It is clear than most hand injuries sustained in training camp do not require urgent surgical intervention and a delay in treatment does not appear to have a deleterious effect. The difficulty arises in the case of an athlete with an acute or chronic hand injury sustained during training and awaiting an upcoming fight. Does the athlete go ahead with the fight and face loss and an increased risk of head trauma due to a decreased ability to defend their person? Or does the athlete decline the fight and accept the negative career, funding and financial implications that this carries? It is a difficult situation to be in but the long term health and wellbeing of the athlete needs to be a priority. 

Gloves and hand wraps provide constraint and support to the hands, which, in many ways, simulate the use of a plaster cast that is commonly used to treat fractures. There is a mechanical support in place to prevent excessive flexion and extension injuries. In the hands of a trained medical doctor, local anaesthetic injections can specifically target and numb a joint or sprained ligament without numbing the whole hand and thus allow the athlete to compete as normal with a hand injury. The hand wraps providing a mechanical splint.

The most important factor to consider when evaluating an injury for local anaesthetic injections is the type of injury sustained. Clearly acute fractures, acute complete ligament rupture and joint dislocations require urgent attention and the delay in treatment can be detrimental to the well-being of the athlete.  As we have discussed, most injuries tend to be minor or of a chronic nature where treatment is mainly conservative or where surgery can be timed after the fight. An opinion of an experienced clinician would play a vital role in assessing the individual cases and determining the degree of risk a local anaesthetic injection may generate. A full and frank discussion can then take place to allow the athlete to make an informed decision.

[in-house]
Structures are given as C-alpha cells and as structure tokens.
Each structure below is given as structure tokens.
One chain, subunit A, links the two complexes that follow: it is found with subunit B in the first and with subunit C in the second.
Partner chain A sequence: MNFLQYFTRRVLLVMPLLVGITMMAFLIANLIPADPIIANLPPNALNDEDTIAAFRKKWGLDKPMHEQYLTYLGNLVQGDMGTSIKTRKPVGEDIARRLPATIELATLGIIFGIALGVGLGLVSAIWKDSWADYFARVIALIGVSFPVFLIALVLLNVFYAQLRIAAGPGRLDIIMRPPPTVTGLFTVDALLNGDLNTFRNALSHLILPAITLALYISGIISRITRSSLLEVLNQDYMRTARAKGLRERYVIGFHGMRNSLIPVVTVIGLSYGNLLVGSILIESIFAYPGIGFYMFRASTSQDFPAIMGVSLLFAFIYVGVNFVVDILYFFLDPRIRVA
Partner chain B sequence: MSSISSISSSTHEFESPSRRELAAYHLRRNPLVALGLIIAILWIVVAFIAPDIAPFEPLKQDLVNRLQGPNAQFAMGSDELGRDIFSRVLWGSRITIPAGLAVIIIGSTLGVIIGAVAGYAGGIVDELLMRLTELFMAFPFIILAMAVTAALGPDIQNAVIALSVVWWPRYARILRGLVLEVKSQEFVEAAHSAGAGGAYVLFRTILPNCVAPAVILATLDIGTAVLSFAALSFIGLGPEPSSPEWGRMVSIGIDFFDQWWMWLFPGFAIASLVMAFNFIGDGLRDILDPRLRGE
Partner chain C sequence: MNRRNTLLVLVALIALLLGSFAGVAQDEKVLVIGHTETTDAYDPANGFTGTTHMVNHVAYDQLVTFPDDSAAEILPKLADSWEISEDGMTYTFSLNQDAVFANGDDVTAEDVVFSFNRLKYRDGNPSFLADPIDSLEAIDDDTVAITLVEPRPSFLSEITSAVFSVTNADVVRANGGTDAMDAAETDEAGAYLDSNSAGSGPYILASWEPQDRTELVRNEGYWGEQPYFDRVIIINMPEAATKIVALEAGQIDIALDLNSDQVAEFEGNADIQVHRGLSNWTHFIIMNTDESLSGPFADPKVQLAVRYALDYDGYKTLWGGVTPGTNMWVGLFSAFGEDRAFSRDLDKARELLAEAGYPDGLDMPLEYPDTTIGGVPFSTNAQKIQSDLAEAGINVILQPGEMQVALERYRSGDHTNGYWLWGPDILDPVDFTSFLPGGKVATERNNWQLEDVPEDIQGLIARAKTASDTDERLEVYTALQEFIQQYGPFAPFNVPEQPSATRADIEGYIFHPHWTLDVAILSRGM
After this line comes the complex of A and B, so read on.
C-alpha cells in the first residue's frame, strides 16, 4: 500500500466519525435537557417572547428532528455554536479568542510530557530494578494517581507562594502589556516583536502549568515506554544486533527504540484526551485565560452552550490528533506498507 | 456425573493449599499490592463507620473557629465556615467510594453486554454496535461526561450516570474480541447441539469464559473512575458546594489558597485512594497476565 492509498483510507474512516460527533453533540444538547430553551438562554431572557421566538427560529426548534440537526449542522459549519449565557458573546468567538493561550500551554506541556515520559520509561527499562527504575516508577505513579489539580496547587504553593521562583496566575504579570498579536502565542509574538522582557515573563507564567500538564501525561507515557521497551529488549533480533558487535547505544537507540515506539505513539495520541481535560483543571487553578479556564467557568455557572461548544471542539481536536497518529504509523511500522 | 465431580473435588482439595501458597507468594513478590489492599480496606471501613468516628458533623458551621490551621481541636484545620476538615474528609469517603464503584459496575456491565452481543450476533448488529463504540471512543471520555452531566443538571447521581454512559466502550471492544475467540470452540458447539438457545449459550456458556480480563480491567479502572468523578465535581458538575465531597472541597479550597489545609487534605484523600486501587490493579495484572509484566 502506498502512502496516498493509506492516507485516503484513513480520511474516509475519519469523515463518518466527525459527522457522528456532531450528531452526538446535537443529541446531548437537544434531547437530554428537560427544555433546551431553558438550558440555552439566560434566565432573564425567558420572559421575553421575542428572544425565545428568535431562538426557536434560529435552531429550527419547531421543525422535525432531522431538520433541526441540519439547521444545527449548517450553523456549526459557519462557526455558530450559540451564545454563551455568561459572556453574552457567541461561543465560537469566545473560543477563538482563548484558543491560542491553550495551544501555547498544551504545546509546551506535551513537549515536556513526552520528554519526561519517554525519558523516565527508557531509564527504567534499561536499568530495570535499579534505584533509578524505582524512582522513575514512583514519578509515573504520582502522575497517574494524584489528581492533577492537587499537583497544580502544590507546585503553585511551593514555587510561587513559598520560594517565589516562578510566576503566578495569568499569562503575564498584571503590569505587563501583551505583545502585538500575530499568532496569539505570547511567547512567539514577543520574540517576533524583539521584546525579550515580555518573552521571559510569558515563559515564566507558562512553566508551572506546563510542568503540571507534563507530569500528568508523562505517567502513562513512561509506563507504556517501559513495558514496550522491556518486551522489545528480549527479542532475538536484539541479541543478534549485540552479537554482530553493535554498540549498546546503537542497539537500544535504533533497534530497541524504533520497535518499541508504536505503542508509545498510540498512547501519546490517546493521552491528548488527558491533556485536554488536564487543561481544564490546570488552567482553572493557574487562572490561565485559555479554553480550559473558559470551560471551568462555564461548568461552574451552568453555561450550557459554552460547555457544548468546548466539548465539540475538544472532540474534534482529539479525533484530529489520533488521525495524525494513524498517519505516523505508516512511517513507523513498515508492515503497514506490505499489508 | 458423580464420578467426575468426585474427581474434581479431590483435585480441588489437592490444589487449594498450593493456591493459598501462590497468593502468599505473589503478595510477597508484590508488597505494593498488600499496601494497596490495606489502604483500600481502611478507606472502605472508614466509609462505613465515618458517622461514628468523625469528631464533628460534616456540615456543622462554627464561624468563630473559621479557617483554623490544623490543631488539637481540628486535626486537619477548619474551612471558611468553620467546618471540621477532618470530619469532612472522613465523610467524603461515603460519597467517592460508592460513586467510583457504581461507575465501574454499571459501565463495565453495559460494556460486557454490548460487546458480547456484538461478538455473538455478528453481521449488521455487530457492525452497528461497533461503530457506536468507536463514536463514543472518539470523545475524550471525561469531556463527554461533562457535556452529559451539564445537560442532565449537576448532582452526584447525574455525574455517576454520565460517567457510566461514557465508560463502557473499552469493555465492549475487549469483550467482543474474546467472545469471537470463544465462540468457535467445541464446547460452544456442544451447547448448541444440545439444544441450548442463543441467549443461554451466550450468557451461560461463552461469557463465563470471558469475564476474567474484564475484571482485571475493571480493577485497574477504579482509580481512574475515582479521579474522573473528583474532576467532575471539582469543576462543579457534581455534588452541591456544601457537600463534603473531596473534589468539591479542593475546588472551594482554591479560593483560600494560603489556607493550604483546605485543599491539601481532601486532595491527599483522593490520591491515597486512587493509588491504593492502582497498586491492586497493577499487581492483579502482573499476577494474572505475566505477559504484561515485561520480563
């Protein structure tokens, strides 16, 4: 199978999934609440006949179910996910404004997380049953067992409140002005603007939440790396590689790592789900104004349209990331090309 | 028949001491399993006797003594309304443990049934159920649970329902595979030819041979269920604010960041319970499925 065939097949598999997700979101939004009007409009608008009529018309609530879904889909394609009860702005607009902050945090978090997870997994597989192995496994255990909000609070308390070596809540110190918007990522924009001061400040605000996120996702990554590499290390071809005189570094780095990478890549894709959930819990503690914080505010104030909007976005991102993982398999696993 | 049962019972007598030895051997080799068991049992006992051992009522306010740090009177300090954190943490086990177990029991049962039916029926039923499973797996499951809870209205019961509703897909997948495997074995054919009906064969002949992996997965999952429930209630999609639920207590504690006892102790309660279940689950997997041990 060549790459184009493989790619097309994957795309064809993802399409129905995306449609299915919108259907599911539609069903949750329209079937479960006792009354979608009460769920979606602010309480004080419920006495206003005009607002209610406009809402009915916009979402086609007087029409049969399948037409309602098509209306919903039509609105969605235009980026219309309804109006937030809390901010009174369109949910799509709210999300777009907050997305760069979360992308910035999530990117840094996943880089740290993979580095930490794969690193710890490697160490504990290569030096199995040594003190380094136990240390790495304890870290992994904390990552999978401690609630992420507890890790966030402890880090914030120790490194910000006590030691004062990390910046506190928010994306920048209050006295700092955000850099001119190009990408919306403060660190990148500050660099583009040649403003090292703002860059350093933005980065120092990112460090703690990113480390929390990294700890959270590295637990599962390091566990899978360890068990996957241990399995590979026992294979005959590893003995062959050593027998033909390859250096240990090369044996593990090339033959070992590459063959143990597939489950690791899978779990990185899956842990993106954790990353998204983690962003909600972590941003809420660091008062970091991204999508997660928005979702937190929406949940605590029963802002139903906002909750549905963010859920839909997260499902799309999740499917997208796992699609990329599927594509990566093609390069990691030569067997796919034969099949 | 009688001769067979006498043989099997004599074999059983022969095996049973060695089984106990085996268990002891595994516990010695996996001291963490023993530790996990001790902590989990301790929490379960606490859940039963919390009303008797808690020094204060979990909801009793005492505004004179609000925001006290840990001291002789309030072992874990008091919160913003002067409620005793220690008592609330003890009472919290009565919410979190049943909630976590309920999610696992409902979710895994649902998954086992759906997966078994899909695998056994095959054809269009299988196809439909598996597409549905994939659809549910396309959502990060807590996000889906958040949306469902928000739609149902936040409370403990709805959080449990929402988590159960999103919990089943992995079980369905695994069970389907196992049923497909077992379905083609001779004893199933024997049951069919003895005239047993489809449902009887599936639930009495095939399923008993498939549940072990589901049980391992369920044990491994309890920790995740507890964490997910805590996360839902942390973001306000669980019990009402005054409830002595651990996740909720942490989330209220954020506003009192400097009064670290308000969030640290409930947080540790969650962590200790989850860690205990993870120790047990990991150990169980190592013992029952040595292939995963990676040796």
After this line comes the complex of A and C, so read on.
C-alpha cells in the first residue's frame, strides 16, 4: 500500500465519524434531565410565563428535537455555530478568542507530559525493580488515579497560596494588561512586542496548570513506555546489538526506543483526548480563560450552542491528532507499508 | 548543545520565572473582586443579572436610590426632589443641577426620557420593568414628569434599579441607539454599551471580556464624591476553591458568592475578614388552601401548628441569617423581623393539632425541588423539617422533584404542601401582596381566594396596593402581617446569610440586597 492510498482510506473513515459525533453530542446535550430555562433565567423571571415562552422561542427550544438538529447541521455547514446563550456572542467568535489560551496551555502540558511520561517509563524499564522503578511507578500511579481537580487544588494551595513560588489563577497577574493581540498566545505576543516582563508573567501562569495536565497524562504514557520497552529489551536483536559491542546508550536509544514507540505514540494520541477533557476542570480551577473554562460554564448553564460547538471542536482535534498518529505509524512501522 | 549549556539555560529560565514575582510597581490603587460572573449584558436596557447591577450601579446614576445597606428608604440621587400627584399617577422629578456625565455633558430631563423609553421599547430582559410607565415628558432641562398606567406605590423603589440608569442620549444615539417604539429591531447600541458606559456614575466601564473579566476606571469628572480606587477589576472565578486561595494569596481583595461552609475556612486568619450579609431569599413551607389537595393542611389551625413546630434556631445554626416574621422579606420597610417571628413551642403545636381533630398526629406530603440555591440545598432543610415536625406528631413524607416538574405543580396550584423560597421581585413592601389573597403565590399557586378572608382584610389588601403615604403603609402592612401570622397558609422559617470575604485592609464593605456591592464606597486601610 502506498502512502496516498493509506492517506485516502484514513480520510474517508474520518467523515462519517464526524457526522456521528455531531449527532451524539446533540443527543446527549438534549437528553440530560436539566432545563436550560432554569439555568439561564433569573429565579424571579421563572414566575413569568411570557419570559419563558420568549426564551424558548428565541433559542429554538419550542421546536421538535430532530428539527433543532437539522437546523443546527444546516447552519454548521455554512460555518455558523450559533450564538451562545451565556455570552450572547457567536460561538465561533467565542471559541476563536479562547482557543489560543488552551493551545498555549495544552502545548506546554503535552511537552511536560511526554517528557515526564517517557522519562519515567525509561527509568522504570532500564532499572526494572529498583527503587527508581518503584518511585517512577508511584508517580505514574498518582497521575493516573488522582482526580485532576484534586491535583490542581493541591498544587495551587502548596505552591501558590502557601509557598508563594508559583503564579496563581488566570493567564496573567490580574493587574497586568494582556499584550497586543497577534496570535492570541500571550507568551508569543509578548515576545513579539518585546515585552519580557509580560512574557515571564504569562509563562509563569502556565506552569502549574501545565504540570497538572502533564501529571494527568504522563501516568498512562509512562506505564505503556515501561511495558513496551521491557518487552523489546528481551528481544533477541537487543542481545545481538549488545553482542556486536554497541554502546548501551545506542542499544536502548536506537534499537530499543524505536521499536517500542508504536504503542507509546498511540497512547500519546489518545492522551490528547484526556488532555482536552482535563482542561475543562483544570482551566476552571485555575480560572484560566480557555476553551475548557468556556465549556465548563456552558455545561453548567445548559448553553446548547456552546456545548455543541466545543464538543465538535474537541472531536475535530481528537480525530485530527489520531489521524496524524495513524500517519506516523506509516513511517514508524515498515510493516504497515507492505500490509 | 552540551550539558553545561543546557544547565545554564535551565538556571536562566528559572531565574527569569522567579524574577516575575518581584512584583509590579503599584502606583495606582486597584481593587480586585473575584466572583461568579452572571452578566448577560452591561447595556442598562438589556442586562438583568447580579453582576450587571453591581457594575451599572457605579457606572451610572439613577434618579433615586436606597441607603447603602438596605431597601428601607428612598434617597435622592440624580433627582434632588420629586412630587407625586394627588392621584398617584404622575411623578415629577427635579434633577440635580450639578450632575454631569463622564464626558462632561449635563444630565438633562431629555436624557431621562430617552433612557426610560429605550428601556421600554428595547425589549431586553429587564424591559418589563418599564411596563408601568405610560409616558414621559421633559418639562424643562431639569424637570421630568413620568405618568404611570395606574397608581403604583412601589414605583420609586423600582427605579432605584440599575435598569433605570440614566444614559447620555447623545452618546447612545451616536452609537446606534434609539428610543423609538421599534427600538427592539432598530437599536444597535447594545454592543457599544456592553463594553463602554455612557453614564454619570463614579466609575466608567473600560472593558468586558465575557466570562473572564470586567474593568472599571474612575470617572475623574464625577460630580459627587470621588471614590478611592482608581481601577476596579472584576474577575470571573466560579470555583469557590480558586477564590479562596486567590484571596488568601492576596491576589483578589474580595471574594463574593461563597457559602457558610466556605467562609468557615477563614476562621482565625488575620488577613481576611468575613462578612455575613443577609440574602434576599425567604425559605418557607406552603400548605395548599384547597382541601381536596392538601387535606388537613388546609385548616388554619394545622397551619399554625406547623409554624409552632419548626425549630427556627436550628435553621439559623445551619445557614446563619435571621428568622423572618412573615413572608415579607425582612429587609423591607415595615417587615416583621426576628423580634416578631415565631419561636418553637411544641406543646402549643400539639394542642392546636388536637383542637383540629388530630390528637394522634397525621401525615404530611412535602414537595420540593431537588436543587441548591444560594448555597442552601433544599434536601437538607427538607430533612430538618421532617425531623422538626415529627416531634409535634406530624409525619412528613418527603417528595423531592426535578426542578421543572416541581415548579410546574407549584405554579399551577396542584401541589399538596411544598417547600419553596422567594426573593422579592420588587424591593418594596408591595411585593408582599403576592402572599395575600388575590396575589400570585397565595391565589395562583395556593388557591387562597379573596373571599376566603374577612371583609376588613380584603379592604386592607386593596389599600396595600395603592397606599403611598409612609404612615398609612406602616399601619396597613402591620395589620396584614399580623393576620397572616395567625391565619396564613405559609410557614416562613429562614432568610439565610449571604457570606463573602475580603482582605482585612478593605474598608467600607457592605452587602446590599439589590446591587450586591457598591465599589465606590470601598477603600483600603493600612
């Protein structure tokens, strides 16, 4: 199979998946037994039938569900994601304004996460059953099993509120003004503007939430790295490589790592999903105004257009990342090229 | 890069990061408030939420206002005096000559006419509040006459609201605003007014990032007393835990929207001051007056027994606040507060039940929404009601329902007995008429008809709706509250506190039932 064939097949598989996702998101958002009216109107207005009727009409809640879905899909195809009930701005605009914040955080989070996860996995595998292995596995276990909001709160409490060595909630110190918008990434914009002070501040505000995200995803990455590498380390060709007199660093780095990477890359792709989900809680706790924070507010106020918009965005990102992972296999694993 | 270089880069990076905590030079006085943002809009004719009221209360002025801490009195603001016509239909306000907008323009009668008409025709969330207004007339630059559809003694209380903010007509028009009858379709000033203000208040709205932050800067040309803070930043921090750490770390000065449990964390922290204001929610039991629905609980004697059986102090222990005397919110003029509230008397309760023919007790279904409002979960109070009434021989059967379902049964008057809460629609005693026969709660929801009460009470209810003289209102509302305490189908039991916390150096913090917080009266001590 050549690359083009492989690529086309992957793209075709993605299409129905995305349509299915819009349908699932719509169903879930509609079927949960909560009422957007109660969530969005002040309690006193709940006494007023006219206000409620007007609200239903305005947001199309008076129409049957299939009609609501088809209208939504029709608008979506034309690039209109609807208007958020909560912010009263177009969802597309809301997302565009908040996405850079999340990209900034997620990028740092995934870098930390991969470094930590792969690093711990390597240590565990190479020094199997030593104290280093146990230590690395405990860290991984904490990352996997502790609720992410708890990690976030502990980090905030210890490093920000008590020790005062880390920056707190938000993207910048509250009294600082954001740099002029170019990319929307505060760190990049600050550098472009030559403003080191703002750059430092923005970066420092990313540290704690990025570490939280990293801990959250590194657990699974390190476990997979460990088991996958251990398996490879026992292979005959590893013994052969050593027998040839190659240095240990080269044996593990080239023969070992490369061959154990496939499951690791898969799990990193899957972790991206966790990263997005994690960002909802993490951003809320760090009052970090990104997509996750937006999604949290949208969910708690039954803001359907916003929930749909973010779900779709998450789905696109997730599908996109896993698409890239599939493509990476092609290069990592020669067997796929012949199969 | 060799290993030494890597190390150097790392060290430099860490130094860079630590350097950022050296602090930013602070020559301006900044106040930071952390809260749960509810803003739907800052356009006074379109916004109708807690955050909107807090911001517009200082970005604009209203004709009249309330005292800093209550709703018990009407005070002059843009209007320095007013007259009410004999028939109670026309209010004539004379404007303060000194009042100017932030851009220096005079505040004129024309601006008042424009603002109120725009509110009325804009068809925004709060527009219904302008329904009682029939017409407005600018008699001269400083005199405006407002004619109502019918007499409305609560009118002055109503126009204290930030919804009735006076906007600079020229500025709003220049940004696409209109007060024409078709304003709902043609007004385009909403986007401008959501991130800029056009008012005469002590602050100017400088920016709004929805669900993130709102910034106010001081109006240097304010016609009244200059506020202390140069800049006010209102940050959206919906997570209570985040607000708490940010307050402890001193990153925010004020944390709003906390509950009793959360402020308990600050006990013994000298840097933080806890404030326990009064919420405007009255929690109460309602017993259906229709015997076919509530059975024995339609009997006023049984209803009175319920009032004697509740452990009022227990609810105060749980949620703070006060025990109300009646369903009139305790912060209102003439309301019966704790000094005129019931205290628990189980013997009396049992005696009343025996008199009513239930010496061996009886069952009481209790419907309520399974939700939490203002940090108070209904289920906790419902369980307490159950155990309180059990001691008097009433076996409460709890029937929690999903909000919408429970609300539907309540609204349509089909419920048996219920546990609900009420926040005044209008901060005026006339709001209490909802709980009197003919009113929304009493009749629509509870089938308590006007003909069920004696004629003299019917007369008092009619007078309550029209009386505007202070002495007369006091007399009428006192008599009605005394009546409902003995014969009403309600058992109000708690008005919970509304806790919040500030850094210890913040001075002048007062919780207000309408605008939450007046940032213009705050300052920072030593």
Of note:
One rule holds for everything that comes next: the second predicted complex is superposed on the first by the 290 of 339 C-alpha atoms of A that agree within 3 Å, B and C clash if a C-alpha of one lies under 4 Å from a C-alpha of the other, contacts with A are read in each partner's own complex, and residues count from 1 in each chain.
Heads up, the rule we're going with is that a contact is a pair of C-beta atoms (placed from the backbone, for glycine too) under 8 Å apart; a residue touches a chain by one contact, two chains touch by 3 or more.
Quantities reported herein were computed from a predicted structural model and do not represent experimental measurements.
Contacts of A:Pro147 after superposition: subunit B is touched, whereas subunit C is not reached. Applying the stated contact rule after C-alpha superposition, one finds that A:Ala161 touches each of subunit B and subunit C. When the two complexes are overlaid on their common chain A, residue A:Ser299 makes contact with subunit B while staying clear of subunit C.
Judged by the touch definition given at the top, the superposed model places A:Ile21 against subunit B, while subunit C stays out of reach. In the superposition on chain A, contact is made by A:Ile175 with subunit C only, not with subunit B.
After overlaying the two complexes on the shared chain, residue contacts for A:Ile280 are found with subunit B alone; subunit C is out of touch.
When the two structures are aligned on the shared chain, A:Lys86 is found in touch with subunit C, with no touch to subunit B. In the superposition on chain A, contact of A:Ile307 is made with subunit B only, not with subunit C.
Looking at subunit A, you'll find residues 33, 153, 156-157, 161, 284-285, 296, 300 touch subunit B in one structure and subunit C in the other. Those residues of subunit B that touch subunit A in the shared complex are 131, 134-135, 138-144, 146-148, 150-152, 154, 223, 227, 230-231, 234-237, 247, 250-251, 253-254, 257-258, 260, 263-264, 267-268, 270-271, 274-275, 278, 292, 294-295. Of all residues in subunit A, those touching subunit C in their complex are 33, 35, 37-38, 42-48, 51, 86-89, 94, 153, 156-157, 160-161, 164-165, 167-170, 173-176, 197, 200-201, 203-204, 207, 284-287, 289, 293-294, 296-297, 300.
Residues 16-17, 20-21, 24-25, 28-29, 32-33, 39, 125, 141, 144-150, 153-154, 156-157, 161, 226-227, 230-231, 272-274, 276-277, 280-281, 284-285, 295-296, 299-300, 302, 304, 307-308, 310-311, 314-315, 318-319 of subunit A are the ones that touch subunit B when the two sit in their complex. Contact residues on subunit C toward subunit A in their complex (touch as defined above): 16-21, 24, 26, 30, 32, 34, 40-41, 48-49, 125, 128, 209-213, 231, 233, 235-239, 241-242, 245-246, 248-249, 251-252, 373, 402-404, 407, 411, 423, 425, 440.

We feel that local anaesthetics can be safely used in the treatment of hand injuries in boxing athletes prior to an upcoming fight. It does not enhance the athlete’s performance but does allow them to compete unhindered.  Given the risks and the expertise required, these injections should be given by a medical doctor who has experience and understanding in the management of hand injuries. 


Fisher MM, Bowey CJ. Alleged allergy to local anaesthetics. Anaesthesia and intensive care. 1997 Dec;25(6):611-4.

Loosemore M, Lightfoot J, Gatt I, Hayton M, Beardsley C. Hand and Wrist Injuries in Elite Boxing A Longitudinal Prospective Study (2005-2012) of the Great Britain Olympic Boxing Squad. HAND. 2016 Mar 30:1558944716642756.

Melone CP, Polatsch DB, Beldner S. Disabling hand injuries in boxing: boxer's knuckle and traumatic carpal boss. Clinics in sports medicine. 2009 Oct 31;28(4):609-21.

Orchard JW, Steet E, Massey A, Dan S, Gardiner B, Ibrahim A. Long-term safety of using local anesthetic injections in professional rugby league. The American journal of sports medicine. 2010 Nov 1;38(11):2259-66.